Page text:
Ryanair records 21% jump in profit
Ryanair today posted third quarter pre-tax profits of €18.1 million, a 21 per cent increase on the same period last year, on the back of strong demand for pre-Christmas flights.
The airline said bookings from passengers in the UK, Germany and Scandinavia were particularly robust as revenues rose 15 per cent to €969 million in the three months to December 31st.
The jump in profits also came despite an €81 million increase in fuel costs.
The airline raised its profit forecast to €540 million after tax in the year to March, which would represent a 7 per cent increase on last year’s performance.
"We saw strong demand out of the UK, out of Germany and out of Scandanavia and that has gone straight to our bottom line," chief operating officer Michael Cawley said. "We are still struggling to understand it, to be honest." Average fares will grow at a slower pace in the three months to March, he said.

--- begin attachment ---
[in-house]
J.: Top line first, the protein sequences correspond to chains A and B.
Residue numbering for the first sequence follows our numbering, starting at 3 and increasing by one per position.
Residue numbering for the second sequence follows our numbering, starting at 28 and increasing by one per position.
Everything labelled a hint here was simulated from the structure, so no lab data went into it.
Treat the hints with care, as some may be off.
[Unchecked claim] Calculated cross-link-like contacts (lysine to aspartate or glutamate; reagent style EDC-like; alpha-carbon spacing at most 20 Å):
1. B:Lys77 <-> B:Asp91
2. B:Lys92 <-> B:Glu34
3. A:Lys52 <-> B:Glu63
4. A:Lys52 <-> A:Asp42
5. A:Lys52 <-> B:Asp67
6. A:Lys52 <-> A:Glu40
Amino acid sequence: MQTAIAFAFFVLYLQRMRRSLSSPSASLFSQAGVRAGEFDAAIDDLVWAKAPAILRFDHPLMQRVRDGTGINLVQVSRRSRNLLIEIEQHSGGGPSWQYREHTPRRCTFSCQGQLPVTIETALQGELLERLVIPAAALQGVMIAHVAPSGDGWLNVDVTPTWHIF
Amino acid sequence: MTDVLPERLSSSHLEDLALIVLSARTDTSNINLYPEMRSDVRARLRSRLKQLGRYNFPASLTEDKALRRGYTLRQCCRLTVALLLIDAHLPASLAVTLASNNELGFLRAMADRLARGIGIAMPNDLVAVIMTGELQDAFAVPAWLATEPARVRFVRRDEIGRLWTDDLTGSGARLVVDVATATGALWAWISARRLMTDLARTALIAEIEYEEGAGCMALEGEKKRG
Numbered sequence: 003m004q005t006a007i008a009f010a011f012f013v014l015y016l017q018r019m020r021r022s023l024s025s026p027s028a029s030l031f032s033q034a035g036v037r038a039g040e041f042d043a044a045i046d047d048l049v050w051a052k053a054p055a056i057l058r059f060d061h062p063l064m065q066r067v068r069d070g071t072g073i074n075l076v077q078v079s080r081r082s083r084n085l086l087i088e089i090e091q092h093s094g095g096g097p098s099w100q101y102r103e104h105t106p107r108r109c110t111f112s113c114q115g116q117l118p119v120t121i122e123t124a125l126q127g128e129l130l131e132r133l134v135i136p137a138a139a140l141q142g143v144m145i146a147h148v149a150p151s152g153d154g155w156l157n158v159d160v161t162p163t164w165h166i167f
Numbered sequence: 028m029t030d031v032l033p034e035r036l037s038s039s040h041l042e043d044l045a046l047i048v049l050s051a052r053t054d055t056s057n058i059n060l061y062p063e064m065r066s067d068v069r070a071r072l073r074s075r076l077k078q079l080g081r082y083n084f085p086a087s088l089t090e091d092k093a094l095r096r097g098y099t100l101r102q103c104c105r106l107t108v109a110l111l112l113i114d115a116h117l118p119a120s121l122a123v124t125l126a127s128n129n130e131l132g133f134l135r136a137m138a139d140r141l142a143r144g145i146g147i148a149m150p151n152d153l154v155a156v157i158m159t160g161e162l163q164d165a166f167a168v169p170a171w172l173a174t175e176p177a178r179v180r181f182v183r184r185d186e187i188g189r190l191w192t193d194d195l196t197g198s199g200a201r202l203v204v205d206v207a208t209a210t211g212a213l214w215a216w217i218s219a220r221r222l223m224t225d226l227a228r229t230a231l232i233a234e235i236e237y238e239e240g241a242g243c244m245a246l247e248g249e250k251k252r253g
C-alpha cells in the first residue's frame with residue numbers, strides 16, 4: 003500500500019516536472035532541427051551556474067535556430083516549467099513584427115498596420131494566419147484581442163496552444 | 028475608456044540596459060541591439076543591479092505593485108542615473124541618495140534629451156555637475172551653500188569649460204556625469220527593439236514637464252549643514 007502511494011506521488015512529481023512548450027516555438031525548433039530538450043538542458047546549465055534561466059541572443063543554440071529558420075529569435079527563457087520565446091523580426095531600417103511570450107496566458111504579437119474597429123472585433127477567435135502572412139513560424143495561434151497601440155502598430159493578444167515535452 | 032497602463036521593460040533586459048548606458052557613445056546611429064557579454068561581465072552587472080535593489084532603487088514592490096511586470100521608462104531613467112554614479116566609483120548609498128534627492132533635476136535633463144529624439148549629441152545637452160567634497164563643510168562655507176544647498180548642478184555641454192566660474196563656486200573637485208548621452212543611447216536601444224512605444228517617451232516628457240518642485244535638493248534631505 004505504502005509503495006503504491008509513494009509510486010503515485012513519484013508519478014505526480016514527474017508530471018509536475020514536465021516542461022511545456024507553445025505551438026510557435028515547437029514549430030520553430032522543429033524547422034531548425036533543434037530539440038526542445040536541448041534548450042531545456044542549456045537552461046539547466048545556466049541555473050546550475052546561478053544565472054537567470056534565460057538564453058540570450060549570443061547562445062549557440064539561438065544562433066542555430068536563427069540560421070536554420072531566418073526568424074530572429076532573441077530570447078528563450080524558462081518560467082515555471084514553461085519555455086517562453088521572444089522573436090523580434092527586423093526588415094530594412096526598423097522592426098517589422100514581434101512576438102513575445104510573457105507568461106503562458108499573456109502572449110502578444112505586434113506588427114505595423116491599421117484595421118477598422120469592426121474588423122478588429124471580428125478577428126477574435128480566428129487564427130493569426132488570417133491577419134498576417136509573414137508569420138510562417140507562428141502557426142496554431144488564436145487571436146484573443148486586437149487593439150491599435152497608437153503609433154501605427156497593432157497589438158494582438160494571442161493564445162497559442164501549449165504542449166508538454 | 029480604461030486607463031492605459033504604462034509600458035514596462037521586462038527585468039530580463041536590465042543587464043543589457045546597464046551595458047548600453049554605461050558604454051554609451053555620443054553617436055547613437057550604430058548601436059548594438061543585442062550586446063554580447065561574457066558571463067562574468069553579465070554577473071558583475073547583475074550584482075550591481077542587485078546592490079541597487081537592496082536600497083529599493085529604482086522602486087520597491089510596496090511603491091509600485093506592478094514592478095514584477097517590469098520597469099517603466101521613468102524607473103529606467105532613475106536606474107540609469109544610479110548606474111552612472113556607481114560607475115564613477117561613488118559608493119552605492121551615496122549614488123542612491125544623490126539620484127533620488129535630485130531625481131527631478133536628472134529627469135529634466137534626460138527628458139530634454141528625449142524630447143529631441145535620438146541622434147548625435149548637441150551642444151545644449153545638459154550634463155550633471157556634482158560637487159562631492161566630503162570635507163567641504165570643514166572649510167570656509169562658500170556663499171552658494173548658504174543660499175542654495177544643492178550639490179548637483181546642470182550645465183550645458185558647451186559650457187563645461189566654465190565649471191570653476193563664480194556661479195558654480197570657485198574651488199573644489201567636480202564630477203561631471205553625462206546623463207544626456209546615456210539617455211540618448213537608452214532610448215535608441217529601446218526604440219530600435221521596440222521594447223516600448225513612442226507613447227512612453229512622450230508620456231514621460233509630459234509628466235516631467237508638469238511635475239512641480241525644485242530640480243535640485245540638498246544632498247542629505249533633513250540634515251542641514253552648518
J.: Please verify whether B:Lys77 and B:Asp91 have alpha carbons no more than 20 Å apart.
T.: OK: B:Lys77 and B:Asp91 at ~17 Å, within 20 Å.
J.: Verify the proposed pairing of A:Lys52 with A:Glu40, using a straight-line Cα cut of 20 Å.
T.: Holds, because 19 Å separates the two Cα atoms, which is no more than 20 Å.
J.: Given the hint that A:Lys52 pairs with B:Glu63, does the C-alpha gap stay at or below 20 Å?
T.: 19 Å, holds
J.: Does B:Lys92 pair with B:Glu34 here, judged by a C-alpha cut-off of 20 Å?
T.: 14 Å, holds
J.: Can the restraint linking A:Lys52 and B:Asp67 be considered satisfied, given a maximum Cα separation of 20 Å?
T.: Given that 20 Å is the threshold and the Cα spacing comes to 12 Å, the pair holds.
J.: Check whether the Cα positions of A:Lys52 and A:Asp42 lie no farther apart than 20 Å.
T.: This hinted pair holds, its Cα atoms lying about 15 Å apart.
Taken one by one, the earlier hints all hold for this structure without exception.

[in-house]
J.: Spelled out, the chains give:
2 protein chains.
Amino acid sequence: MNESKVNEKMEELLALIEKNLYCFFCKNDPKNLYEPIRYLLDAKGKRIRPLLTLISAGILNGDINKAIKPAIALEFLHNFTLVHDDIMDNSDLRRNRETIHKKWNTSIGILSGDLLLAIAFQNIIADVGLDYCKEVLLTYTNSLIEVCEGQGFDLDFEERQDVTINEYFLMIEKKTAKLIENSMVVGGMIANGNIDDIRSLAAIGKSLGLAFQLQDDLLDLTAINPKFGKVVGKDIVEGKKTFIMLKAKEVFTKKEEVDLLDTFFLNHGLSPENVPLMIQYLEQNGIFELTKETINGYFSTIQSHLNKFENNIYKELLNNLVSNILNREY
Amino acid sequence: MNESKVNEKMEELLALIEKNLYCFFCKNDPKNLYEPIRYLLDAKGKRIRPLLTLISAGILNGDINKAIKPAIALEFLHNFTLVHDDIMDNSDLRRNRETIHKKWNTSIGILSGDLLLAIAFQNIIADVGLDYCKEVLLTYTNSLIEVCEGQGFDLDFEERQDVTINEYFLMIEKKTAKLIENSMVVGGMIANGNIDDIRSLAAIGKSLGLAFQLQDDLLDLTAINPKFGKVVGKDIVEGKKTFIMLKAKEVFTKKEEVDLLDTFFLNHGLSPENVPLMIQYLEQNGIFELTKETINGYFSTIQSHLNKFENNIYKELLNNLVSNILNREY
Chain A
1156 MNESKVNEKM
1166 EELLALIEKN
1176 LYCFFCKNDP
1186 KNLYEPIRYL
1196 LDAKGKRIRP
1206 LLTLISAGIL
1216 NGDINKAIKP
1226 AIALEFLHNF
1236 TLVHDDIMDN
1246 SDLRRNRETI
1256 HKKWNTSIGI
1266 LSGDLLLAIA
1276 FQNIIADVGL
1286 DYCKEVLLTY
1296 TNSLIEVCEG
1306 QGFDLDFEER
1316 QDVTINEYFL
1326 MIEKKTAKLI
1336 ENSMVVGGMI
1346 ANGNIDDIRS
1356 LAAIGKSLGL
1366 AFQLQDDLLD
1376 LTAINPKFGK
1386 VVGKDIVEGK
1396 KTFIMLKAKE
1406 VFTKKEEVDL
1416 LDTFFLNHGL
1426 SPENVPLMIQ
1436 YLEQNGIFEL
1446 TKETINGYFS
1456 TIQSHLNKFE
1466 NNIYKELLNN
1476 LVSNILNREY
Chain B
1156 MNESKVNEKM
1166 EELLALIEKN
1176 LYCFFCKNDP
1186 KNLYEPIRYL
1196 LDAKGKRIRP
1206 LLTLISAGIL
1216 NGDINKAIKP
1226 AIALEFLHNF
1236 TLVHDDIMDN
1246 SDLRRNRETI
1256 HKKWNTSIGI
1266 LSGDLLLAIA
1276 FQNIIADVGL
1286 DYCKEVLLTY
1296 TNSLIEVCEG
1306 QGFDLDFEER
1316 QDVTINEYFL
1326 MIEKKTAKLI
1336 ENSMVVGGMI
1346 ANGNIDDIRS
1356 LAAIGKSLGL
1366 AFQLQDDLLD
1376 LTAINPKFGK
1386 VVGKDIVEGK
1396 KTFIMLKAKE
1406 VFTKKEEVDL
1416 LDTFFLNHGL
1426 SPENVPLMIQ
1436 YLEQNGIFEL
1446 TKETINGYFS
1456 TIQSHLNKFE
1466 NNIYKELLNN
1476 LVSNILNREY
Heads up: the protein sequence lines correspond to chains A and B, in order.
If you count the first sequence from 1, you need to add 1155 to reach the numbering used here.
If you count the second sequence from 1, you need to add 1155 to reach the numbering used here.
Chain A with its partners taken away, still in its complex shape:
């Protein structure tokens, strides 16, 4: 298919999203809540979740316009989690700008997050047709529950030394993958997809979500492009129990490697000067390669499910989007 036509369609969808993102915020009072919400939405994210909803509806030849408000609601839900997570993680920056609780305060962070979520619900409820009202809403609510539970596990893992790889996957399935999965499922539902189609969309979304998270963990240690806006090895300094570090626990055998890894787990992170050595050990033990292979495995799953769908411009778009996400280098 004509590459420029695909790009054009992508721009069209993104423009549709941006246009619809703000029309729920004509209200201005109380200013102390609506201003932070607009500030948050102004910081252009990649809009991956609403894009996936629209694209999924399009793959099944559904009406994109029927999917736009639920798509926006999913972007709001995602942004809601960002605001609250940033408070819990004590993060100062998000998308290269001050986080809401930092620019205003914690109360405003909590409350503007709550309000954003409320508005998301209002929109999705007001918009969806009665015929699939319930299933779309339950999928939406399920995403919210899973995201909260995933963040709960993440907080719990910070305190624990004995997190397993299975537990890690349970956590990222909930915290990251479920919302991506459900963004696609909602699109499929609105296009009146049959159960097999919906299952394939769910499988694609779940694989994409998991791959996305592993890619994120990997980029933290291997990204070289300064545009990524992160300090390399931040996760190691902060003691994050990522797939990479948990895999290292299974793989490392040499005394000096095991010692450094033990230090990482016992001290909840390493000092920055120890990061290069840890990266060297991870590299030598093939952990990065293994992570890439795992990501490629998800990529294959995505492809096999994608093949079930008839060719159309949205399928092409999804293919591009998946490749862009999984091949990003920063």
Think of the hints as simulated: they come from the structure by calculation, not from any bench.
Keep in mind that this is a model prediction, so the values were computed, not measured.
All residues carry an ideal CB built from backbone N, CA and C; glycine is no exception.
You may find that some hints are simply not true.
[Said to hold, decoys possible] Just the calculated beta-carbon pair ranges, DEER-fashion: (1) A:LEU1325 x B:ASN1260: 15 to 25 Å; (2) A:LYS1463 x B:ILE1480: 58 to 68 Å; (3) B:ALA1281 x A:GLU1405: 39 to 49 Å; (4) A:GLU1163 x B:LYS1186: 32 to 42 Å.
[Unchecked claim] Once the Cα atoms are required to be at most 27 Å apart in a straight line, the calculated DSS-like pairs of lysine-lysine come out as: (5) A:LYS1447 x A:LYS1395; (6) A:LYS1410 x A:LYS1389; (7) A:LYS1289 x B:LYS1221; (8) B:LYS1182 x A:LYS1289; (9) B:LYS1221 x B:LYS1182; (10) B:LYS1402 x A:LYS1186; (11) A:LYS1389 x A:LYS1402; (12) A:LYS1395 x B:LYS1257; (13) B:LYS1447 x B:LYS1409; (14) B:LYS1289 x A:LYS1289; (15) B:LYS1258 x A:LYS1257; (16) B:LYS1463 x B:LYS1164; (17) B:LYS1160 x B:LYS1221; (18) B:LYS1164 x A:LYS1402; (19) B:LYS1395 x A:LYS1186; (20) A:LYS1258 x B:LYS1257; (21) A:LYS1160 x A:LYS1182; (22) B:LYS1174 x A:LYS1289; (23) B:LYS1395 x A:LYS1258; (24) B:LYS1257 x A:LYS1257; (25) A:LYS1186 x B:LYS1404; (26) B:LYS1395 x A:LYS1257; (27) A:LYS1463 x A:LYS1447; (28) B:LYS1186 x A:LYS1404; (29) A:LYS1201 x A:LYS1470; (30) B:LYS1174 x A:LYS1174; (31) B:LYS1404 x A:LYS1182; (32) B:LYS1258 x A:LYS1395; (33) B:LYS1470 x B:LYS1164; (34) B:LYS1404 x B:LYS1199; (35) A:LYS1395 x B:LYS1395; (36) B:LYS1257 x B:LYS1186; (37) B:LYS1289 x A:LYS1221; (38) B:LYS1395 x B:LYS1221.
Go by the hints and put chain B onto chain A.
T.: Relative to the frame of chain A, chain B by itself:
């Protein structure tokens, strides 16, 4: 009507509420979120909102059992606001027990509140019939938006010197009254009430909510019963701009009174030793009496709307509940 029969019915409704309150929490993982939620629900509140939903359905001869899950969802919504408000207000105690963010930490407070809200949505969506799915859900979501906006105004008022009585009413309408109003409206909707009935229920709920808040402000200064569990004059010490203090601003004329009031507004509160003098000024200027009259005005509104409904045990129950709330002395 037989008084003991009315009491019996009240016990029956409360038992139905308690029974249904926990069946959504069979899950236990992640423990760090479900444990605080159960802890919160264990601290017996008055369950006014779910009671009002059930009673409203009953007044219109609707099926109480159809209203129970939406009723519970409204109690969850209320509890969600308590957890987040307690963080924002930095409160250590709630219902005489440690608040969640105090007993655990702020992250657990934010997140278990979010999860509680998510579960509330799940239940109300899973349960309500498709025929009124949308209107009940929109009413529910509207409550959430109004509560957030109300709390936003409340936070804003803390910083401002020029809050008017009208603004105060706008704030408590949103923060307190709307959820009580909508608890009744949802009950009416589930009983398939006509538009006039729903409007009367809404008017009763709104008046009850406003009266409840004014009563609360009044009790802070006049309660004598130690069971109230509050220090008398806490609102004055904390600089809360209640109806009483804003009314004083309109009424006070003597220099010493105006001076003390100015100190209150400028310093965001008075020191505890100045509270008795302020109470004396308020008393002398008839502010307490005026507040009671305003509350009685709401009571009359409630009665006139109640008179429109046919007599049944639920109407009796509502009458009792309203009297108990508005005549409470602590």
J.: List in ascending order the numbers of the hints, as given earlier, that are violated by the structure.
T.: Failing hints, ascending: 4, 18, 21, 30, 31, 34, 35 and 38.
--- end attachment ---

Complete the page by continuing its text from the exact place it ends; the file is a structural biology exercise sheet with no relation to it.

Next year fares will continue to rise though capacity will likely only grow by 2-3 per cent in the financial year to March 2014, he said, down from the 4 per cent rise forecast in the current year, due to the lack of new plane deliveries planned.
Ryanair opened its 51st base in Maastricht in December and will open six more from April in Eindhoven, Krakow, Zadar in Croatia, Chania in Greece and Marrakesh and Fez in Morocco.
It said significant capacity cuts by other carriers would also offer it growth opportunities across Europe.
The company added: “We expect further capacity cuts and restructurings in Europe as high fare, loss making carriers struggle to compete with Ryanair’s expansion at low prices.”
While many airlines have been hit hard by Europe's struggling economy and high fuel costs, Ryanair has fared better than most, thanks to its size and focus on low costs and low prices.
Its chief low cost rival EasyJet last week also posted strong results in the last quarter of the year, with revenue growth of 9.2 per cent.
Ryanair shares closed on Friday at €5.50, up 16 per cent since the start of the year compared to a 5 per cent increase in the broader Irish market.
Additional reporting by Reuters